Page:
Given the lack of highly effective therapies against COVID-19, except perhaps for corticosteroids, it is important to remain open-minded to emerging results from rigorously conducted studies of vitamin D (despite smaller sample sizes and important limitations of some studies). However, taken together with existing randomized clinical trials of vitamin D administration in hospitalized patients with respiratory infection and critical illness, the results reported by Murai et al12 do not support routine administration of vitamin D in hospitalized patients with moderate to severe COVID-19.

Fortunately, vitamin D supplements are unlikely to be harmful unless taken in very large doses.

Sunshine, anyone?

Jan 21 2021

Vitamin D and coronavirus: more on the ongoing saga

Vitamin D is such a hot topic for its purported role in preventing or treating coronavirus infections that I seem to have written about it four previous times.  These are here, here, here, and here.

Now, a group of 120 scientists has called on world governments to get their populations to increases vitamin D consumption to 2000 to 4000 units per day, five to ten times higher than current recommendations.  Their letter is here.

This is especially interesting because nutrition and health societies in the UK  advise quite the opposite: no change in the usual recommendation for vitamin D intake (400 units/day).  Their report says (my emphasis):

  • Do not offer a vitamin D supplement to people solely to prevent COVID-19, except as part of a clinical trial.
  • Do not offer a vitamin D supplement to people solely to treat COVID-19, except as part of a clinical trial.

I’m always interested to see what ConscienHealth has to say about such things.

The passion of the vitamin D fan club is striking. However, neither passion nor speculation should be a substitute for facts. Right now, the facts tell us that the reason to take a vitamin D supplement is to protect our muscles and bones. Any thought that it will help with COVID-19 is speculation, and taking too much would be quite unwise.

My sentiments precisely.

Oct 27 2020

Vitamin D and Coronavirus: Panacea or sign of good health?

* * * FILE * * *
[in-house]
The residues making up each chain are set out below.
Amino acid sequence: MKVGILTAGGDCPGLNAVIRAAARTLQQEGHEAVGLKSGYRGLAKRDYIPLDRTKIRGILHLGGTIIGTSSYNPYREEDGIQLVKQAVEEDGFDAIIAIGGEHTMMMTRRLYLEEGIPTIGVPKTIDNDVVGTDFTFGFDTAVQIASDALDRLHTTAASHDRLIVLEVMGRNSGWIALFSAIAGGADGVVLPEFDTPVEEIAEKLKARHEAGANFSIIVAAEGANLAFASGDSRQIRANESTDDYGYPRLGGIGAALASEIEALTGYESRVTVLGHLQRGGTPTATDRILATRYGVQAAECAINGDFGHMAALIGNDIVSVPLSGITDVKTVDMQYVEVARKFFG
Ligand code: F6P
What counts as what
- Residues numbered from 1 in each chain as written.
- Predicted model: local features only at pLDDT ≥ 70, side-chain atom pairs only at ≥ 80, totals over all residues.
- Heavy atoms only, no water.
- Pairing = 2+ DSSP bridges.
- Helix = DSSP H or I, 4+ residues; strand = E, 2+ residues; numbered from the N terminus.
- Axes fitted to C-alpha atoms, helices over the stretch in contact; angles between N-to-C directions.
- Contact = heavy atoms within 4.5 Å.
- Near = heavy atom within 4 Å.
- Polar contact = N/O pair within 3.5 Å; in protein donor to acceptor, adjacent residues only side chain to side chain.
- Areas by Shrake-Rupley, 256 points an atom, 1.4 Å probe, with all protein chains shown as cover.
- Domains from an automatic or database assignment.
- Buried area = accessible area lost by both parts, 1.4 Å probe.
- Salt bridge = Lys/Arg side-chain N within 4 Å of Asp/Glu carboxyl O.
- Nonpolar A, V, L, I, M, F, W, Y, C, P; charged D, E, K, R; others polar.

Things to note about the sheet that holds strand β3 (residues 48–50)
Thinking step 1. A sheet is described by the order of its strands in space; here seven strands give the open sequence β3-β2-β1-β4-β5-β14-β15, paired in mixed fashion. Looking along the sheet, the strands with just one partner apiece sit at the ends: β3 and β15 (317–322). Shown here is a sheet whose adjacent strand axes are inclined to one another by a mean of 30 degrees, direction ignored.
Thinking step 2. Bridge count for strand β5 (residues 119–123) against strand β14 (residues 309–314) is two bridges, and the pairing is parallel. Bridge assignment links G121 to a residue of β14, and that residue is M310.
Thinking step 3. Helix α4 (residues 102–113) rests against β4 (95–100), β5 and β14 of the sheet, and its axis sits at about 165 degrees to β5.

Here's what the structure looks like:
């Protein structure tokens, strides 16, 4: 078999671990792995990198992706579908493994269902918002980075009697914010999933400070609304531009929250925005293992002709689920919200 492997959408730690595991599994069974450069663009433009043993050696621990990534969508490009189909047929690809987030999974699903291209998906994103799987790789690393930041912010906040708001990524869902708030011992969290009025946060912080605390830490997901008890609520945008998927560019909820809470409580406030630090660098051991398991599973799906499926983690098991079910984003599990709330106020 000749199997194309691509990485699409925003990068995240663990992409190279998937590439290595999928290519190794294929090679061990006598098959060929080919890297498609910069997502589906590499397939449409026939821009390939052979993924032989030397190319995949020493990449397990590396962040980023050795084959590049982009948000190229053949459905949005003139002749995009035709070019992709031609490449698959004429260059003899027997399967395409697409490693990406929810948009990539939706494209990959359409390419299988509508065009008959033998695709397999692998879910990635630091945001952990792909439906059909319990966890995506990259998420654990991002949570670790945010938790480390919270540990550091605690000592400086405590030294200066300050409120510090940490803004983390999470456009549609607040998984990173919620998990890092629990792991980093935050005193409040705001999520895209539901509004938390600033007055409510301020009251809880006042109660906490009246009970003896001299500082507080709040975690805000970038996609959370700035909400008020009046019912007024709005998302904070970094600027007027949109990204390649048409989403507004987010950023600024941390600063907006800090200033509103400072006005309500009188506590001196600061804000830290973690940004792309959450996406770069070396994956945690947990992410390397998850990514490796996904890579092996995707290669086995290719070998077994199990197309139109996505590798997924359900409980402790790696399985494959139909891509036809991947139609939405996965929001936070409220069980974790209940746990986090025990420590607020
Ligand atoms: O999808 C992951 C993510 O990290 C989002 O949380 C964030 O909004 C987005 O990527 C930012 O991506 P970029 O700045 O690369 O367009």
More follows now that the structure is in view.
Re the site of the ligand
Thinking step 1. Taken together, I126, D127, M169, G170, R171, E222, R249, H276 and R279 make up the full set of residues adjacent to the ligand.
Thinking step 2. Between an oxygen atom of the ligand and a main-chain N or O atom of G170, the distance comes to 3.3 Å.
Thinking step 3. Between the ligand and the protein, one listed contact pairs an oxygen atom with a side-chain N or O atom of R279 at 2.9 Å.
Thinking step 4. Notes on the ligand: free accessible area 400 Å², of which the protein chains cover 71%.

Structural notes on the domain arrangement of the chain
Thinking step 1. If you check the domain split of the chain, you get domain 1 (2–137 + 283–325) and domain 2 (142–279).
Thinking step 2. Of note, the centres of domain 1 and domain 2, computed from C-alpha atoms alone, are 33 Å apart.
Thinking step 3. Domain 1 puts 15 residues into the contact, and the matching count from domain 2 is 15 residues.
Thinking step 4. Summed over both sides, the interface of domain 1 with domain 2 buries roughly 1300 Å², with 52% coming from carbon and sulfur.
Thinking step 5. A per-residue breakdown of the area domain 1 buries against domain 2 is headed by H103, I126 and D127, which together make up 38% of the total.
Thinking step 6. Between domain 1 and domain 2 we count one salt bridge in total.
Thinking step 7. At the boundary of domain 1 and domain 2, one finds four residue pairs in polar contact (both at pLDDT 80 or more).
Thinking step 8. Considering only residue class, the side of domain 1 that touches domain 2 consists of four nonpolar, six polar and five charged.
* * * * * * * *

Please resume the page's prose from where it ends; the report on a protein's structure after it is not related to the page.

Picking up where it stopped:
Evidence is pouring in that people with adequate vitamin D status seem to be better protected against harmful effects of Covid-19.

This is not surprising; people who practice healthful lifestyles—eating well, being active, getting out in the fresh air, maintaining a healthy weight, not smoking, not drinking too much—generally survive this infection more easily.

Vitamin D, I must remind you, is not really a vitamin.  It is a hormone induced by the effects of sunlight on skin.

Sunlight is by far the most effective way to get it.   Foods provide much less.

As for supplements, it’s hard to say.  They are under investigation.

I’ve been collecting items:

  • An account of a clinical trial in Italy published in Medium: “Among the 26 hospitalized people who received standard care alone, fully half went on to the intensive care unit (ICU) because their disease had worsened. Two of them died. But among the 50 people who received the vitamin D treatment on top of standard care, only one person ended up in the ICU. None died.”  The study itself concludes: “…administration of a high dose of Calcifediol or 25-hydroxyvitamin D…significantly reduced the need for ICU treatment of patients requiring hospitalization due to proven COVID-19. Calcifediol seems to be able to reduce severity of the disease, but larger trials with groups properly matched will be required to show a definitive answer.”
  • Medium’s discussion of what is known about Vitamin D supplements and Covid-19: “If we ask the question “Does vitamin D prevent/treat COVID-19?” the only real answer is “How could you possibly know?””